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Date Created
  • 2019

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(Re)considering Diverse Masculinities: Intersections amid Art Process and Middle School Boys Fracturing Masculinities

Description

Given the profound influence that schools have on students’ genders and the existing scholarly research in the field of education studies which draws clear implications between practices of schooling and

Given the profound influence that schools have on students’ genders and the existing scholarly research in the field of education studies which draws clear implications between practices of schooling and sanctioning and promoting particular gender subjectivities, often in alignment with traditional norms, I conduct a critical ethnography to examine the practices of gender in one eighth grade English language arts (ELA) classroom at an arts-missioned charter school. I do this to explore how ELA instruction at an arts charter school may provide opportunities for students to do gender differently. To guide this dissertation theoretically, I rely on the process philosophy of Erin Manning (2016, 2013, 2007) to examine the processual interactions among of student movement, choreography, materiality, research-creation, language, and art. Thus, methods for this study include field notes, student assignments, interviews and focus groups, student created art, maps, and architectural plans. In the analysis, I attempt to allow the data to live on their own, and I hope to give them voice to speak to the reader in a way that they spoke to me. Some of them speak through ethnodrama; some of them speak through autoethnography, visual art and cartography, and yet others through various transcriptions. Through these modes of analysis, I am thinking-doing-writing. The analysis also includes my thinking with fields – the fields of gender studies, qualitative inquiry, educational research, English education, and critical theory. In an attempt to take to the fields, I weave all of these through each other, through Manning and other theorists and through my ongoing perceptions of event-happenings and what it means to do qualitative research in education. Accordingly, this dissertation engages with the various fields to reconsider how school practices might conceive the ways in which they produce gender, and how students perceive gender within the school space. In this way, the dissertation provides ways of thinking that may unearth what was previously cast aside or uncover possibilities for what was previously unthought.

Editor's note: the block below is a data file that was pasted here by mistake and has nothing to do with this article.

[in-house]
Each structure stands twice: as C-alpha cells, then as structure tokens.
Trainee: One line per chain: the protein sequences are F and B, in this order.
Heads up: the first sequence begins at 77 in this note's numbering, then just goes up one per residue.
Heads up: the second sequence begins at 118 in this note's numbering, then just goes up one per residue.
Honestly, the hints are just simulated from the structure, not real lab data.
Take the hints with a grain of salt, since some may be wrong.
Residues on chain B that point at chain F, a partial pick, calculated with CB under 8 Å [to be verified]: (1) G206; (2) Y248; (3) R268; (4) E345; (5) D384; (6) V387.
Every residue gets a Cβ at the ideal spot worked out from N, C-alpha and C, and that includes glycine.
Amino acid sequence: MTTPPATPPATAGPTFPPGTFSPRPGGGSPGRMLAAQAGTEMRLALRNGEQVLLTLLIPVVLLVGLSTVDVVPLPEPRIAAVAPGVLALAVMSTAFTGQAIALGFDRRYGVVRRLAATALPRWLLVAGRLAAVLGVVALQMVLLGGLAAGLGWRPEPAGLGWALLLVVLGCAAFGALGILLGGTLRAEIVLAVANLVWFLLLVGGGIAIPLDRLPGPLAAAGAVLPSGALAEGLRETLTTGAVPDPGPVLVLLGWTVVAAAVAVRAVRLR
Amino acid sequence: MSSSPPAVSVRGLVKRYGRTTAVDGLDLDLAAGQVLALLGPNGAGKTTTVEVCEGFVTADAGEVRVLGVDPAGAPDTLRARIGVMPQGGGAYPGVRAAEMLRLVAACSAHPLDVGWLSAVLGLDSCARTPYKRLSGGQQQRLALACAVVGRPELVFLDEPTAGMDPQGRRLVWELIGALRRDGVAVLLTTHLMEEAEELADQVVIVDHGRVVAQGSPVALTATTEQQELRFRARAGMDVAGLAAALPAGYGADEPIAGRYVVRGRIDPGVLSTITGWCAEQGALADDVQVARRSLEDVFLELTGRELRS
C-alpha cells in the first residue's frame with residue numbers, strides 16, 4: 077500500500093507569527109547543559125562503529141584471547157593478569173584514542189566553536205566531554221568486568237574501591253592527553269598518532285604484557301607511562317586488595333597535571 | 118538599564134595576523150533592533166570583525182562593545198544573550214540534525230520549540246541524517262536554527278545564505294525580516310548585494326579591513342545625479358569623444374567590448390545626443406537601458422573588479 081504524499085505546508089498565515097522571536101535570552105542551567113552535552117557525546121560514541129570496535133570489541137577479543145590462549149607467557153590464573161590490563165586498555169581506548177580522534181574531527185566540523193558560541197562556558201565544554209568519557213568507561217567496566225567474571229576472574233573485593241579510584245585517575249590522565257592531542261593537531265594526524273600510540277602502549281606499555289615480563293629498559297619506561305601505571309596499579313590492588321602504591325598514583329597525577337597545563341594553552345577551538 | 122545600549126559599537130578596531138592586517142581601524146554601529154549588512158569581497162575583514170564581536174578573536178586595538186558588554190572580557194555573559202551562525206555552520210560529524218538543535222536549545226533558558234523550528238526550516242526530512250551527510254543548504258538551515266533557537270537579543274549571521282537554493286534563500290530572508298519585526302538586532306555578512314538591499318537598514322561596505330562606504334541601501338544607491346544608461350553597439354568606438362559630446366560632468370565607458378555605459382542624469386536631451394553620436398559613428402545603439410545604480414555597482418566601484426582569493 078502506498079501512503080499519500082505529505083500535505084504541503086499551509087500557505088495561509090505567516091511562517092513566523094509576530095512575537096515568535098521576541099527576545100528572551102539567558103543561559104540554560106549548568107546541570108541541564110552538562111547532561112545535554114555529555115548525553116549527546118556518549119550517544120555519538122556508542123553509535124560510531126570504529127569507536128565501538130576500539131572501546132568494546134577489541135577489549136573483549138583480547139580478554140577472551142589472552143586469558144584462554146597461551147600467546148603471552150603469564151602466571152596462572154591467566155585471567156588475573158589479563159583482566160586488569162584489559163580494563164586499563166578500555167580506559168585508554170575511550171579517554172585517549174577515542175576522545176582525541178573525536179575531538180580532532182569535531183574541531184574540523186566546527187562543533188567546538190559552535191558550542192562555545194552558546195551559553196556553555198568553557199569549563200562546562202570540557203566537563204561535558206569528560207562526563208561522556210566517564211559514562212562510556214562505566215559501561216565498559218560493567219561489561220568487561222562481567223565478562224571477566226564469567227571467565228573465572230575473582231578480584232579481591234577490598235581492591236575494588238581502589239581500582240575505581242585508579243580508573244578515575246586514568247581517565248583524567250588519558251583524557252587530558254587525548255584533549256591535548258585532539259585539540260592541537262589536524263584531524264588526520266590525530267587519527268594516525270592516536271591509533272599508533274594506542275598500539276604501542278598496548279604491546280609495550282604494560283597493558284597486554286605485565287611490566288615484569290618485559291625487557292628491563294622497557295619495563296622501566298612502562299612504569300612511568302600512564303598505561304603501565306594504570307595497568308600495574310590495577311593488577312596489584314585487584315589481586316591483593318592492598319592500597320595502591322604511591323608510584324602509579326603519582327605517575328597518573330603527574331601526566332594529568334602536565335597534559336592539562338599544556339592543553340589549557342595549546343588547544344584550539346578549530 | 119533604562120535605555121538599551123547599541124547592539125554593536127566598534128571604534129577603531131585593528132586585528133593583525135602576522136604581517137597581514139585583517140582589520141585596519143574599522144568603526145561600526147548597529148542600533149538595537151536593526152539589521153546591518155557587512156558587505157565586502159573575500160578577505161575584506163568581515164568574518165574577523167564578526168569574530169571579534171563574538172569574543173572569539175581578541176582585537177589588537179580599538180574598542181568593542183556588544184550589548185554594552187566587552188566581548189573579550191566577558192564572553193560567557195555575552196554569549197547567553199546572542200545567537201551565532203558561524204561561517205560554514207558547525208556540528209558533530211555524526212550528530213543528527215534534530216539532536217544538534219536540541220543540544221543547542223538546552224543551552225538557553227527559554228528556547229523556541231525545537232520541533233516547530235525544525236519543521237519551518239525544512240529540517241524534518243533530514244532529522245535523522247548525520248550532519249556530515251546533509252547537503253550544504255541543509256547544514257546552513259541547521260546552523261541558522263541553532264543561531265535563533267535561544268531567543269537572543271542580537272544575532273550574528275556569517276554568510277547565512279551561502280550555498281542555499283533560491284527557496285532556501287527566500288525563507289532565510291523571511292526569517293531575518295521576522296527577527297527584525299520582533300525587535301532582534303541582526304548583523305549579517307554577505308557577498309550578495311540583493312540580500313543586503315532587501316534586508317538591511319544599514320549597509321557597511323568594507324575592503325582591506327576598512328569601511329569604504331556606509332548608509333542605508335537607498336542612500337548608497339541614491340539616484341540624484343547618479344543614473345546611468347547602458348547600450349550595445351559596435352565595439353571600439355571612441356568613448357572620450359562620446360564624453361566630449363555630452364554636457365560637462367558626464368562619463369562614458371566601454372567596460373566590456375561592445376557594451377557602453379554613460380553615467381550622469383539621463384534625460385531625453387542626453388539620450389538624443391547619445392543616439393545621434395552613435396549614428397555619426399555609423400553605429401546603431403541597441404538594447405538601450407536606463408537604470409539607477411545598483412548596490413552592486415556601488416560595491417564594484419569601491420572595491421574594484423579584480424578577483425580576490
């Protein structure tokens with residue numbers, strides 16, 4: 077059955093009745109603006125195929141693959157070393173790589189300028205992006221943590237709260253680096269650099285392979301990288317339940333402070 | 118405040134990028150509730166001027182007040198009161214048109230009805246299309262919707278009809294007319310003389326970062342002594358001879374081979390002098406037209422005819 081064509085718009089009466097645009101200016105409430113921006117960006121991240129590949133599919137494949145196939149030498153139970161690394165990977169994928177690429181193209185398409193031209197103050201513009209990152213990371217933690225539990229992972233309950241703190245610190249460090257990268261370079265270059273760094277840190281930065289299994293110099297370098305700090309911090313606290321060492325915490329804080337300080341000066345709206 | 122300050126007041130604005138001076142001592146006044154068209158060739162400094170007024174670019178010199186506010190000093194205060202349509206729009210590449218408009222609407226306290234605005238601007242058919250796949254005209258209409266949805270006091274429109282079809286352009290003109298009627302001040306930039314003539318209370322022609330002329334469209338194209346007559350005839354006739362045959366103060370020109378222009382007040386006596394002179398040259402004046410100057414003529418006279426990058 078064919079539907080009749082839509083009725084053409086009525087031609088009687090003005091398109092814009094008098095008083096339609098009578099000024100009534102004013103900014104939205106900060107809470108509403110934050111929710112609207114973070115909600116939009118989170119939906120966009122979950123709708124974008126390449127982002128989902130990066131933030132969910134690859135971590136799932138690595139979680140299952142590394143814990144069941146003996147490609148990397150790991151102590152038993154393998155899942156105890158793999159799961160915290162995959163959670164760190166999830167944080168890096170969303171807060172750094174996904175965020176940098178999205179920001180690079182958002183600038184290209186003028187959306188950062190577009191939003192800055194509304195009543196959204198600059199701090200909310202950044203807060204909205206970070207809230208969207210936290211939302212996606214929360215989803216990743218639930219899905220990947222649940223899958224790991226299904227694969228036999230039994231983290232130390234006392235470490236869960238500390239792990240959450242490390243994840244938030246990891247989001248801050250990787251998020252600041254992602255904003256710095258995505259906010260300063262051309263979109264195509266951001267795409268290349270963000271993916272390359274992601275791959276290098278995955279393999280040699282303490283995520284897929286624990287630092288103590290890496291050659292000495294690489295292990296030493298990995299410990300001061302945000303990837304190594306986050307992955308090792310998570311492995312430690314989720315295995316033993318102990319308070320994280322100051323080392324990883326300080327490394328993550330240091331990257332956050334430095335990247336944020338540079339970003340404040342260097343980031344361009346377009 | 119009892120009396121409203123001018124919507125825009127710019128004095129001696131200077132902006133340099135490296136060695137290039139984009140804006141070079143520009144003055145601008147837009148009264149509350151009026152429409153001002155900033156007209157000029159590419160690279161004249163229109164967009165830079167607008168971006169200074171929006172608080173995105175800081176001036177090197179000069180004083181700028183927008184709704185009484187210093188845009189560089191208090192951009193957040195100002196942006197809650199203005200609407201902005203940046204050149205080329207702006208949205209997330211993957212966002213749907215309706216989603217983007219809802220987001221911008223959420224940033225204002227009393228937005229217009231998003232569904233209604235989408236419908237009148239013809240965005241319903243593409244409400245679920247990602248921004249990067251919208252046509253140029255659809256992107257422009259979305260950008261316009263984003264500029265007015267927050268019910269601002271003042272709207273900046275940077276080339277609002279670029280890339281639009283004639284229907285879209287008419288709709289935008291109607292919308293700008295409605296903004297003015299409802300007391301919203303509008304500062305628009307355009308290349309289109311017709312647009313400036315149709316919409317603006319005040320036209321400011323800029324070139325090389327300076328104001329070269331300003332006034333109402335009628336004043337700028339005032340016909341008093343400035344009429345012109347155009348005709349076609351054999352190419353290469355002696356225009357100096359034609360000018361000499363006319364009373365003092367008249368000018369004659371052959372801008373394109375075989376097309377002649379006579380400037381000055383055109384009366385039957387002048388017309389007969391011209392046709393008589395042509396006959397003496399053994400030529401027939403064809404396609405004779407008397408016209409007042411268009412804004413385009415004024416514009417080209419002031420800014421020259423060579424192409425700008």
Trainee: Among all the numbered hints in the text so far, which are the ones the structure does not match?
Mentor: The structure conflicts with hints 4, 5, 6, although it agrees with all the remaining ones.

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Date Created
  • 2019

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Genealogy of play at free schools

Description

This is a genealogical study of the taken-for-granted ‘free’ or ‘self-governed’ play practice at the free schools. The study places play practice within a historical trajectory. The study compares and

This is a genealogical study of the taken-for-granted ‘free’ or ‘self-governed’ play practice at the free schools. The study places play practice within a historical trajectory. The study compares and analyzes the current (1960s to present) discursive formations of play practice as they emerge in various archival texts such as on free schools, and juvenile delinquency and youth crime, to the discursive formations of the 1890s to 1929s as they emerge in various archival texts such as on physical education, public bath, city problems, playground, outdoor recreation legislation, and recreation areas and juvenile delinquency. The study demonstrates how various “subjugated knowledges” appeared during these time periods around play practice. Foucauldian genealogy is crafted for the study through Foucault’s lectures, interviews, essays, and how other scholars wrote about Foucauldian genealogy and conducted genealogical work themselves. The study is to challenge what it seems to be the grand narrative of this play practice in free schools. Instead of being the form of learning that allows students to seek their truest capacity and interest, learning, and eventually growth and happiness, this practice does so at a great cost, and therefore it is a dangerous practice, opens up various power/knowledge such as play is used as a systematic and accurate technology to shape, mold, and organize the schooled children body, a means to interrupt and intervene with the children growth, as the technology of school hygiene, and as a governing tool to help the state, nation, family, and school, produce ‘good’ citizens, who will not commit to idleness, delinquency, gang-spirit, and similar others.

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Date Created
  • 2017